On Thursday, the legislative and executive branches of the Minnesota government finalized a deal to build a new stadium for the Vikings. Also on Thursday, the Vikings and the University of Minnesota finalized a deal to play games at TCF Bank Stadium during a portion of the time that the new venue is being built.
Technically, it’s a letter of intent that must be signed by University president Eric Kaler before it becomes official.
The letter of intent specifies that the Vikings will reimburse the university for all changes made to TCF Bank Stadium, and all expenses related to the franchise’s use of the facility. The Viking also will pay rent in the amount of $250,000 per game played at TCF Bank Stadium, and the Vikings will share a portion of “additional concessions and sponsorship revenues.”
But here’s the thing that caught our (or at least my) attention. The announcement from the University of Minnesota doesn’t specify the number of games the Vikings will play at TCF Bank Stadium, instead identifying the following range of possibilities: “The Vikings may lease TCF Bank Stadium for up to four consecutive NFL seasons anticipated to start in 2013; or, they can play at the facility for all or part of one NFL season, anticipated to be the 2015 season.”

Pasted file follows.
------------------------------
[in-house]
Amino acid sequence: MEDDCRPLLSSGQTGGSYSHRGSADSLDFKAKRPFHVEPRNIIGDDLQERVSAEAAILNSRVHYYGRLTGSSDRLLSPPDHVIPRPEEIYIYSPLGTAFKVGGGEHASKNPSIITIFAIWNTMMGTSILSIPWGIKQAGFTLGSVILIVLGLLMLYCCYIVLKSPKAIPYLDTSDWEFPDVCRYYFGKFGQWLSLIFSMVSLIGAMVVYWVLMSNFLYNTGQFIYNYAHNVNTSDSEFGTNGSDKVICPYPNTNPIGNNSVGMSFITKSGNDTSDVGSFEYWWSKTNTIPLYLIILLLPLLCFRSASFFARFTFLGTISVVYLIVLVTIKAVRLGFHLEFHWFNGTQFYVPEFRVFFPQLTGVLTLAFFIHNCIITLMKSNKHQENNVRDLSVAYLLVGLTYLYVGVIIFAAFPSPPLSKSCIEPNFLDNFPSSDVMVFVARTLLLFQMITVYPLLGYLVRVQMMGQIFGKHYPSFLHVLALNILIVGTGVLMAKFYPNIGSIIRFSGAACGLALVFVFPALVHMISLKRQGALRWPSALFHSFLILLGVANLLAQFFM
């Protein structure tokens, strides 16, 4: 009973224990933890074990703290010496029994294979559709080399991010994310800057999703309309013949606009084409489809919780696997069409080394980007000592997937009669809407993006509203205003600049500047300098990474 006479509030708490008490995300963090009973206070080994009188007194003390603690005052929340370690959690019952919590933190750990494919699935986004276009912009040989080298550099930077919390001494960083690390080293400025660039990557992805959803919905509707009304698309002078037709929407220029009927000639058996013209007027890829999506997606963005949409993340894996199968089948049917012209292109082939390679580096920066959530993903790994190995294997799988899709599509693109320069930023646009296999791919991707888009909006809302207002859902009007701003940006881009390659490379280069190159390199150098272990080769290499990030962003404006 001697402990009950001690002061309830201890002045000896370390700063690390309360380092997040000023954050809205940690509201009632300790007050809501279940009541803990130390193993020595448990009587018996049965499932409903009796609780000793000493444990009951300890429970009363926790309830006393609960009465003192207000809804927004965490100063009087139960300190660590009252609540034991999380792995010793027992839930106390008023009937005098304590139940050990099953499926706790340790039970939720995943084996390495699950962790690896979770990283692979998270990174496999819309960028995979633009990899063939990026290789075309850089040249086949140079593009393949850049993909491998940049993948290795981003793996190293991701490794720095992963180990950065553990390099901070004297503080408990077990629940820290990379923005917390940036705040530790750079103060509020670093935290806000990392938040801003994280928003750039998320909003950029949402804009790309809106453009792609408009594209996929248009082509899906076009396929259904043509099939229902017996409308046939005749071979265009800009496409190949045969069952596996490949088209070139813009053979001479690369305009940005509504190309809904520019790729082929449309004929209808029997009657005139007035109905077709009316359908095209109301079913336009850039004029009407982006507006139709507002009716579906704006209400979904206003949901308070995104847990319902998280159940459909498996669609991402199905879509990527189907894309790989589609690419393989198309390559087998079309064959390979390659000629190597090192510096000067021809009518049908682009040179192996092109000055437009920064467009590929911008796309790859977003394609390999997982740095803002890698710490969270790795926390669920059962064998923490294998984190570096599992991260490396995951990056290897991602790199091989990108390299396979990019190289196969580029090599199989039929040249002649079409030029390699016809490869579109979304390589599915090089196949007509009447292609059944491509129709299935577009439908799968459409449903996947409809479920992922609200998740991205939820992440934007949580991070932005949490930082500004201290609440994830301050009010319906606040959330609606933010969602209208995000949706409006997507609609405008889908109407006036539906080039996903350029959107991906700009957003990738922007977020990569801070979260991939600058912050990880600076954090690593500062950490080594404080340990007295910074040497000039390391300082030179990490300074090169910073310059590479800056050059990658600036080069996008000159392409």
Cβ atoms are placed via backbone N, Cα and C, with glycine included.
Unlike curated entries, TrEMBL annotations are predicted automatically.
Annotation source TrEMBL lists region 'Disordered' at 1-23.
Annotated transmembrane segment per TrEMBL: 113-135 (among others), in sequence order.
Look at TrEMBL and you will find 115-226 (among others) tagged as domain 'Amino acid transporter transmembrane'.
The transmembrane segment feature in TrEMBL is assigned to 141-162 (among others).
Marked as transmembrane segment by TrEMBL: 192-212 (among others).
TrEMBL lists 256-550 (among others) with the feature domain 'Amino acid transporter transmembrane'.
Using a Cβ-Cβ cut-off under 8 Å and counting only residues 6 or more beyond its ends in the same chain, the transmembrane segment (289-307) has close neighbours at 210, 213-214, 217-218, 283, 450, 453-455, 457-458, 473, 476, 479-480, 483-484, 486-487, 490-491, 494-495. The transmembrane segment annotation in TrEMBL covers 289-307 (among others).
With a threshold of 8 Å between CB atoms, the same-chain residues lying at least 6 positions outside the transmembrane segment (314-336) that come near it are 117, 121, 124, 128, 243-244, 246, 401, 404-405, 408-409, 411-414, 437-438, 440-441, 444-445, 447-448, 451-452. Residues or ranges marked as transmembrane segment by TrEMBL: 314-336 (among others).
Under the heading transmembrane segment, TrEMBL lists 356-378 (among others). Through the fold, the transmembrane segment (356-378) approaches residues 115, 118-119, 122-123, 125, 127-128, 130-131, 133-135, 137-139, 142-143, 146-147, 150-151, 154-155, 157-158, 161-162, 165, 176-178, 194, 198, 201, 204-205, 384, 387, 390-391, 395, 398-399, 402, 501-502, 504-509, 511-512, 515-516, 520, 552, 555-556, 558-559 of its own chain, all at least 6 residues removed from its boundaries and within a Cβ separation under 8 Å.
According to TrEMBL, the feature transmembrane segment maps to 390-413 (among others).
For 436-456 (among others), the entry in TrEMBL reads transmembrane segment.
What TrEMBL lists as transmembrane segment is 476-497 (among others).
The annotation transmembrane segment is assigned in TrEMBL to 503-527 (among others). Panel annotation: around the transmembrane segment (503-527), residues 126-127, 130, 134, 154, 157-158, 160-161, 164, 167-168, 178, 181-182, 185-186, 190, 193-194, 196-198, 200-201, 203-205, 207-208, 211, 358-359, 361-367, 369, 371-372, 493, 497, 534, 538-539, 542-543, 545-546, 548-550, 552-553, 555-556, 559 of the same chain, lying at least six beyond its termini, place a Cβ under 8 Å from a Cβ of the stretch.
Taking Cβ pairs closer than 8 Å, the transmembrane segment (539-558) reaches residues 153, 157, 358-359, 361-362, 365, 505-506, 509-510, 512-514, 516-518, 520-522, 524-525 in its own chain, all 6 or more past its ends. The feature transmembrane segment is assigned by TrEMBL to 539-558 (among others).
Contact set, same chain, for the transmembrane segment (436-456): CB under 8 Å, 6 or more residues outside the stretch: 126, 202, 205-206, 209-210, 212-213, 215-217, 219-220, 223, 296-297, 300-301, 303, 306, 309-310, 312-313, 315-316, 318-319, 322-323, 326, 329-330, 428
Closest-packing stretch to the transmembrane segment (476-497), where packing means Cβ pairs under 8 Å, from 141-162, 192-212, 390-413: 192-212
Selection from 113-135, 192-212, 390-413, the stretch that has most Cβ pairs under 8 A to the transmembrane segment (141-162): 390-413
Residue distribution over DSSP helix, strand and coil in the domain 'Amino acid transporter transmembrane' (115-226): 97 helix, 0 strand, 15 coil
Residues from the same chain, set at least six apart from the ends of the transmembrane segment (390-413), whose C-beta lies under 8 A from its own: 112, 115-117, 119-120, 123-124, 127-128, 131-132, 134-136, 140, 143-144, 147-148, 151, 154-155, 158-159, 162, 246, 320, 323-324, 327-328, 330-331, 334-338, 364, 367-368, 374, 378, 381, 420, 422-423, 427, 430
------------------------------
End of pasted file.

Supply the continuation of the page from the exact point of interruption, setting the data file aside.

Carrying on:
It could be that the agreement was intended to be broad in order to protect the Vikings against unforeseen complications in the construction of the new stadium. It also could be that, in reality, there’s no practical way to build the new stadium next to the existing Metrodome with only a brief abandonment of the old Metrodome needed in order to finish the job.
The Vikings surely prefer not to have an extended stay at TCF Bank Stadium, but the ultimate goal was/is to get a stadium built. Based on the terms of the announcement from the University of Minnesota, the Vikings — and more importantly the fans who fought so hard for the new stadium — should at least prepare for the possibility that the Vikings will play at TCF Bank Stadium for “up to four consecutive NFL seasons.”